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Create Fireworks In Your Voice Over Career

12 January

Will 2015 be the year your Voice Over career takes off?

Happy New Year!

We always come out of the end of year holiday period feeling refreshed, re-energized, optimistic and ready for a cracker of a year.

So, if you’ve been giving your career some attention, then you may have some ideas about where you need to put the focus.

But you don’t need to create a long list of to-do’s that never get done.

Work out what needs to be done that will bring you the most happiness and satisfaction.  After all, no matter what we’re doing, we want to feel good.

Here are three suggestions to help you get inspired about your voice over career.

1 What Just Happened?

I always believe it’s helpful to review the year that was.

So, look at last year, work out what went well and what didn’t, then make some simple adjustments to the way you work this year.

Review the best voice over work you did last year – if you don’t have a copy of that work, get copies.

You need to make a habit of collecting the jobs you do, for several reasons:

  • You need material for demos,
  • You can use single tracks to market your talents to clients
  • You need to be able to review the work you’ve done, to track your growth and improvements, and
  • You need to analyse the kind of work you’re being cast for, and market to those who are looking for you.

Speaking of which…

2 Can Everyone Find You?

If you have a personal website, brilliant!  If you don’t, then you need to seriously put it on your list.

I’d been living with an outdated website that I couldn’t content manage and was determined I’d get a new website created last year – I’m already reaping rewards!

And to think, I had a website upgrade on my to-do list for three years. Duh! Abbbbeeeee!

It cost me just over $700, was built from a template that I bought for under $50 and uses WordPress as its content management system.

So, I’m in control of all the content and can change anything, anytime – I add and remove demos, images and shots.

Here’s a link to my site to have a look at what can be affordably achieved.

If you do have a website, you might like to do a bit of work on updating it.

Check your website copy to see if the samples you have there clearly reflect what kind of jobs you get cast for.

You might also like to get some help with an SEO professional to adjust your key word settings so you can capture the right kind of attention from those looking for your voice type or special skill.

Make sure you get someone who really knows what they’re doing. 

You might have to spend a couple of hundred bucks for a consultation, but it’ll be money well spent.

Proof is the most important aspect of positioning yourself with a website – only make claims about your talents and abilities that you can then prove with samples of your work.

Review the samples on your website and your demos as well.

If there’s work on your demo that you’re not being cast for, it could be because:

a)    That kind of work is not being done right now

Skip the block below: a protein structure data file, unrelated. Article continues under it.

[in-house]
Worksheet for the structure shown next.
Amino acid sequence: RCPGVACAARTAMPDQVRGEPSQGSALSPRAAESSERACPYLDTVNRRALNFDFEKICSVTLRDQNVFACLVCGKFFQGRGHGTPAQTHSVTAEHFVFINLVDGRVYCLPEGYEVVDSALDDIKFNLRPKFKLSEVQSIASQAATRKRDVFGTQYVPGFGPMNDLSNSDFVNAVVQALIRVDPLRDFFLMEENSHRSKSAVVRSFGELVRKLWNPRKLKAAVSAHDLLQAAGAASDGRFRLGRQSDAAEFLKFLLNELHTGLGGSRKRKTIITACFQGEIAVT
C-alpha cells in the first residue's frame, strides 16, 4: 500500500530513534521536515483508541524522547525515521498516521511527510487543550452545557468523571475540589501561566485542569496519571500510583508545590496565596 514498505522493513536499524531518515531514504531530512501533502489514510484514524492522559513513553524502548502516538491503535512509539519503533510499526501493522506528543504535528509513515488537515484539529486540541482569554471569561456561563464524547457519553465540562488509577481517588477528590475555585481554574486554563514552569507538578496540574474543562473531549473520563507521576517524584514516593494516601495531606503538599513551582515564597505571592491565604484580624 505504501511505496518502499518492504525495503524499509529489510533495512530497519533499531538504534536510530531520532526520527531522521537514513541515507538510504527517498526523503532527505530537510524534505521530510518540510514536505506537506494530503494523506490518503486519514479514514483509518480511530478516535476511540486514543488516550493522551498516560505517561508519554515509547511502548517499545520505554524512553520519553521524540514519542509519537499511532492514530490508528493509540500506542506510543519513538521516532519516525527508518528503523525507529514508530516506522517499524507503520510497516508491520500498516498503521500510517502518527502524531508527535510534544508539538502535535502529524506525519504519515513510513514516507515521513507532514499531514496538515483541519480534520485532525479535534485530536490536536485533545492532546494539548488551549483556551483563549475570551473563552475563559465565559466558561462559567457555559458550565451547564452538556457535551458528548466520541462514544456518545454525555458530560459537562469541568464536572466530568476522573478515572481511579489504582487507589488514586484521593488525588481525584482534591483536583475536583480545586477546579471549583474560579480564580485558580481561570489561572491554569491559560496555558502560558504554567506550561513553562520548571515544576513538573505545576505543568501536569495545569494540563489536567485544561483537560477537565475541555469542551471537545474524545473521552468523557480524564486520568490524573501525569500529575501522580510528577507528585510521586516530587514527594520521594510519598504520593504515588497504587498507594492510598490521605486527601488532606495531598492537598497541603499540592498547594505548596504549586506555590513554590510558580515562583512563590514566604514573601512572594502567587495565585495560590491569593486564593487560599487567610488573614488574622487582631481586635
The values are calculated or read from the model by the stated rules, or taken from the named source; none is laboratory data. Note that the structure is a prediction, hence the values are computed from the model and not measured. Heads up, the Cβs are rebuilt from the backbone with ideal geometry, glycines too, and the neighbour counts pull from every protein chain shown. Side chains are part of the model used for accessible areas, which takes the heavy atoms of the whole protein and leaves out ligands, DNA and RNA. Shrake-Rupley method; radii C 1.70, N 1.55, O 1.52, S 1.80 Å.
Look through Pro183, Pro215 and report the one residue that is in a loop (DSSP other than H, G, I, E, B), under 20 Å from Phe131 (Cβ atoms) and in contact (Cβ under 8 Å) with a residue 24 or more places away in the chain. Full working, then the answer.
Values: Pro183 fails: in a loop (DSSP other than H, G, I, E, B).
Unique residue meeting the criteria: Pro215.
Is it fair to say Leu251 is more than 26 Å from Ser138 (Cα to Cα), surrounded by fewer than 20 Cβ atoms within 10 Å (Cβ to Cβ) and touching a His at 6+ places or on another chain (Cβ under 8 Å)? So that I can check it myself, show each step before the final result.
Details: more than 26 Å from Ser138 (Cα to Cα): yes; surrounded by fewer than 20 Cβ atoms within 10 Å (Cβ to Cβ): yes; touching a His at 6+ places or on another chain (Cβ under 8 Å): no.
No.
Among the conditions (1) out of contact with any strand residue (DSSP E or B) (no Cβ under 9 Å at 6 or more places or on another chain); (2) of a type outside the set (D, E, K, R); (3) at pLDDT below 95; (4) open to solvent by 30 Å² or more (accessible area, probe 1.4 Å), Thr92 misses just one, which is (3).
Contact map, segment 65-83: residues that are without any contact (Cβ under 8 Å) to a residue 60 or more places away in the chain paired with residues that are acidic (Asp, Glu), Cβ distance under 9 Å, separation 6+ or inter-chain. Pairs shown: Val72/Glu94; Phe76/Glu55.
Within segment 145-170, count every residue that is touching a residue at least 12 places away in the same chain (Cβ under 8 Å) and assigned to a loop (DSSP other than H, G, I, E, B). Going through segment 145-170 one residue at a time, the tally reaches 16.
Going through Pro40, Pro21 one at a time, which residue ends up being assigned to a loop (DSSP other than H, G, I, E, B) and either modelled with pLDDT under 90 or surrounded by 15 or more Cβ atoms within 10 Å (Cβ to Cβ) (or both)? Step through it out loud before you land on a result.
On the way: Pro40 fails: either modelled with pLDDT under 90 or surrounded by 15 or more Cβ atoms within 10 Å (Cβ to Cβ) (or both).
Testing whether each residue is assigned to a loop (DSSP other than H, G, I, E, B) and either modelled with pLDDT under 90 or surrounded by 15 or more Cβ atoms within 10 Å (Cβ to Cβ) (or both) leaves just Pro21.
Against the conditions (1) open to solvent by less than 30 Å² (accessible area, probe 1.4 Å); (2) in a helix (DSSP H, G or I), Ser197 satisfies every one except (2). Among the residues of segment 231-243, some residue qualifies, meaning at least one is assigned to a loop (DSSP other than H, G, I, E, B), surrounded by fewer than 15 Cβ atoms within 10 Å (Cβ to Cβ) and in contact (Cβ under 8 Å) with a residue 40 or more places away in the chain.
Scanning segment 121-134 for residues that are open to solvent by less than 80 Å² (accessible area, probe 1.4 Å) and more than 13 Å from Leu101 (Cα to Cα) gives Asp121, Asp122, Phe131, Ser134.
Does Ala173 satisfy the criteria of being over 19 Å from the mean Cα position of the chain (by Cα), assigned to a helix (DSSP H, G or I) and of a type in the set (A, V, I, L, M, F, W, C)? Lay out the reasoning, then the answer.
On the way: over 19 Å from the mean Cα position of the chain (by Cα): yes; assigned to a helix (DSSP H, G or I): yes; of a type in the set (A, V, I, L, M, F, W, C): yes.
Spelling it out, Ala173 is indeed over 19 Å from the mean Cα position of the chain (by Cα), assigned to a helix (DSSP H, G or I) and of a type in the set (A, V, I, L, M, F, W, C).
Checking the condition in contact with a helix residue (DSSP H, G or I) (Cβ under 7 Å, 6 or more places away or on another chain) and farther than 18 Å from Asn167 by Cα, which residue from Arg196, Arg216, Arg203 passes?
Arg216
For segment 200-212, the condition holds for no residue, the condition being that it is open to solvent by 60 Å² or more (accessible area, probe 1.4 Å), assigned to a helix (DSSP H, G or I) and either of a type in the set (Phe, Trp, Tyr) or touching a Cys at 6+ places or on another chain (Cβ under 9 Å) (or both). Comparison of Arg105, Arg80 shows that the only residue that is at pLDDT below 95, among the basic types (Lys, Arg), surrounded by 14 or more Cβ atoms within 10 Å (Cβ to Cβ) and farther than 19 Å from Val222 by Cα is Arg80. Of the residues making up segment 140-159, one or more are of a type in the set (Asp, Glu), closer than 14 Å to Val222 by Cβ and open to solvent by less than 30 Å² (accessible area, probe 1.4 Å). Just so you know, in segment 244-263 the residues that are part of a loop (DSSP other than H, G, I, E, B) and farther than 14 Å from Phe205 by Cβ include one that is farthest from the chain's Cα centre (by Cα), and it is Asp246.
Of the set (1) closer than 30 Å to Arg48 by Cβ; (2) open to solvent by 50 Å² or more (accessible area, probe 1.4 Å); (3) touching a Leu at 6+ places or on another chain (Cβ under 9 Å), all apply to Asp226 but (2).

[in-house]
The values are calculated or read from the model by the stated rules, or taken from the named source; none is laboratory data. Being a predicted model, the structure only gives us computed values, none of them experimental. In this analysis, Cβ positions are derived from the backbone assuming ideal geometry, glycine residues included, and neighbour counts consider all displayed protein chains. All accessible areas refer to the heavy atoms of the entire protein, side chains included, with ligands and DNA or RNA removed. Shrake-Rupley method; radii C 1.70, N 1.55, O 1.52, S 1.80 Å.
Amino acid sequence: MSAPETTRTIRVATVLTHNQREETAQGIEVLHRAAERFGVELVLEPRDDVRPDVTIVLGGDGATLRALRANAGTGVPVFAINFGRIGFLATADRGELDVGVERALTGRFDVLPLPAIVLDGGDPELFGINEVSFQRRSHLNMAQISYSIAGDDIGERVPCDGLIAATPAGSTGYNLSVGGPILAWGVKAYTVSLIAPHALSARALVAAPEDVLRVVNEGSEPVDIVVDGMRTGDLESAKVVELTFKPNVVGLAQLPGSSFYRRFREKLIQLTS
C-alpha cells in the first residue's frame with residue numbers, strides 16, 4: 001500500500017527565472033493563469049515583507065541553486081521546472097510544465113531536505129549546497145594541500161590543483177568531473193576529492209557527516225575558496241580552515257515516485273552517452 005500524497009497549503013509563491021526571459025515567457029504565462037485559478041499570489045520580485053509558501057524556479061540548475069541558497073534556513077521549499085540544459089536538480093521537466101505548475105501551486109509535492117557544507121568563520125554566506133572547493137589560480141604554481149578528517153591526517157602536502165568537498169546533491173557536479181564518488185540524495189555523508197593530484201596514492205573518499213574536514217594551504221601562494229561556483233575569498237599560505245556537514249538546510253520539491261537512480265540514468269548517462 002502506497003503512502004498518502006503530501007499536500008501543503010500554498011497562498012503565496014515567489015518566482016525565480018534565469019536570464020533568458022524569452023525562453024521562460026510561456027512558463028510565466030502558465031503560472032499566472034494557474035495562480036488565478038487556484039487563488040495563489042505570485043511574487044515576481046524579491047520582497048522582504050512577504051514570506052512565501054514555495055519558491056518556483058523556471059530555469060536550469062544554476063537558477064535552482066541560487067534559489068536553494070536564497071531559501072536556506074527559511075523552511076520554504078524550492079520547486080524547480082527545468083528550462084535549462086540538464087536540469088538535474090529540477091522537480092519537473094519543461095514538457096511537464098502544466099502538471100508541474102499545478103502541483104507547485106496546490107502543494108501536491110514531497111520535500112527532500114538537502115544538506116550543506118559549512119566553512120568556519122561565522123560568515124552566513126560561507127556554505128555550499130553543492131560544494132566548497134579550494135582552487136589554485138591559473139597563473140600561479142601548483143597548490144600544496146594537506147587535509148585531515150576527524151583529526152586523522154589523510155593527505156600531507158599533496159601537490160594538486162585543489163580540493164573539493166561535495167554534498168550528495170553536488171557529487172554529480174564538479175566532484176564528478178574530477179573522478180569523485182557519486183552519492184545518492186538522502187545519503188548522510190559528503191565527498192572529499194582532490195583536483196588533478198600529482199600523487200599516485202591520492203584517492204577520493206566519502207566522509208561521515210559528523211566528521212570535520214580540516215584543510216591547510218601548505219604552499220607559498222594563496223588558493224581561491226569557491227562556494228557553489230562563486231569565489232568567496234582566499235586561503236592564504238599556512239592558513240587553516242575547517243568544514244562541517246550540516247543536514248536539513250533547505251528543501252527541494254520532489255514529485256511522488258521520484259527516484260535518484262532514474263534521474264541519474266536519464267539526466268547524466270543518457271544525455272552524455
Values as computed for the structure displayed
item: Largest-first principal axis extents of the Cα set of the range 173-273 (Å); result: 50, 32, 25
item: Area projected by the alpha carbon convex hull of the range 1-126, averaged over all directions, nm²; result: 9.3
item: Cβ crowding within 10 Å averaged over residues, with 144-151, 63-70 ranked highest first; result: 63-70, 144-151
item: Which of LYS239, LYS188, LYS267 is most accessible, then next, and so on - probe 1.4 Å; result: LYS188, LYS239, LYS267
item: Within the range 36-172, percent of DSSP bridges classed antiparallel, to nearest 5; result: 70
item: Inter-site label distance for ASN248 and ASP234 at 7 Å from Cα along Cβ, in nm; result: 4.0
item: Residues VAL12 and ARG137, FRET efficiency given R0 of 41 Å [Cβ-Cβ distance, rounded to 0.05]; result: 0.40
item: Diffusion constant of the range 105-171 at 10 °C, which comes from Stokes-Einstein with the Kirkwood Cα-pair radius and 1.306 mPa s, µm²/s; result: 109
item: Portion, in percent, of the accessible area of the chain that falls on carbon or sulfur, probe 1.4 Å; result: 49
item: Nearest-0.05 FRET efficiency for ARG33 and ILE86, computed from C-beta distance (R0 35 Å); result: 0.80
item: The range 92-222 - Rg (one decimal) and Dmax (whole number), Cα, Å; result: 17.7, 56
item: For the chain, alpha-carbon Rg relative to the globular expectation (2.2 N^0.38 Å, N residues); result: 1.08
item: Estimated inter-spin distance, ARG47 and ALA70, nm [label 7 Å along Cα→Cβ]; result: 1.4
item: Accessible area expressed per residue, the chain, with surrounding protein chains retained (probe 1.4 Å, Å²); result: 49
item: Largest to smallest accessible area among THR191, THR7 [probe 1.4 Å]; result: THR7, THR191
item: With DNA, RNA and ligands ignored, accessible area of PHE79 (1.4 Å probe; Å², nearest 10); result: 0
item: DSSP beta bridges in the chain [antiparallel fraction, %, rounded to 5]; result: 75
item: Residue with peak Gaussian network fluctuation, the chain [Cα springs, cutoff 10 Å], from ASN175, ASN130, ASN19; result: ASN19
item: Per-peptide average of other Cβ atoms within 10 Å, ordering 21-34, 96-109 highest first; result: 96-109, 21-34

b)    The territory is well covered by others

c)    Your samples of that style are not engaging enough, or

d)    You just plain suck at it.

Sometimes, the best thing we can be is our own ‘devils advocate’.

Okay, so you love doing ‘crazy funny cartoon voices’, you fancy yourself as ‘sultry and sexy’ or you’re the next big ‘voice of god’.

The truth is, voice over it not necessarily about what you’d like to be doing.

It’s about what you’d be cast doing – you need to understand what you do best and then position yourself well to take advantage of your wealth of useable talents.

If you’re a little lost in this area and wish you knew what you’d be great at, find a good mainstream coach who can help you find out.  Get them to help you choose samples for your demo or website that reflect your marketable style.

Yup, having an up-to-date, really-working-for-you website is an absolute, definite must.

In fact here’s the link to Chris Finnegan at WP CoPilot who did my website and was fabulous to work with.

3 Friends In High Places?

Whenever you do a job that you know has been well received, see if you can get the client, the studio engineer or the casting person to give you a testimonial about how great you were to work with. 

Make it short, 60-80 words is plenty.

Ask for a headshot and include a link to their website – what client doesn’t like a link?

If you have a list of clients and industry contacts, dust it off, check that the contacts are still live and relevant, and make a plan for sending something to someone on that list every day.

Perhaps you’ll even send more than one – but make sure all your communications are personal. No one really likes a generic or ‘dear everybody’ email!

If you need to research the studio or client and what they do, or have done, and who their clients are – do that.

Voice over is a career that relies on one person, you, to make it a success.

It won’t happen by magic – but it will happen with focused, smart thinking, really knowing what it is you have to offer, and how to position yourself to optimize your talents.

Happy VoiceOvering in 2015!

Abbe Holmes About Abbe Holmes
Find Your Voice As a Voice Over Actor And Artist With The Voice Over Coach. For over 30 years I've had a successful voiceover career. I work in mainstream voice over for radio and television, narration for the corporate sector, website content and documentaries, as well as characters for animation, IVR, ADR, on-hold and foreign film dubbing.

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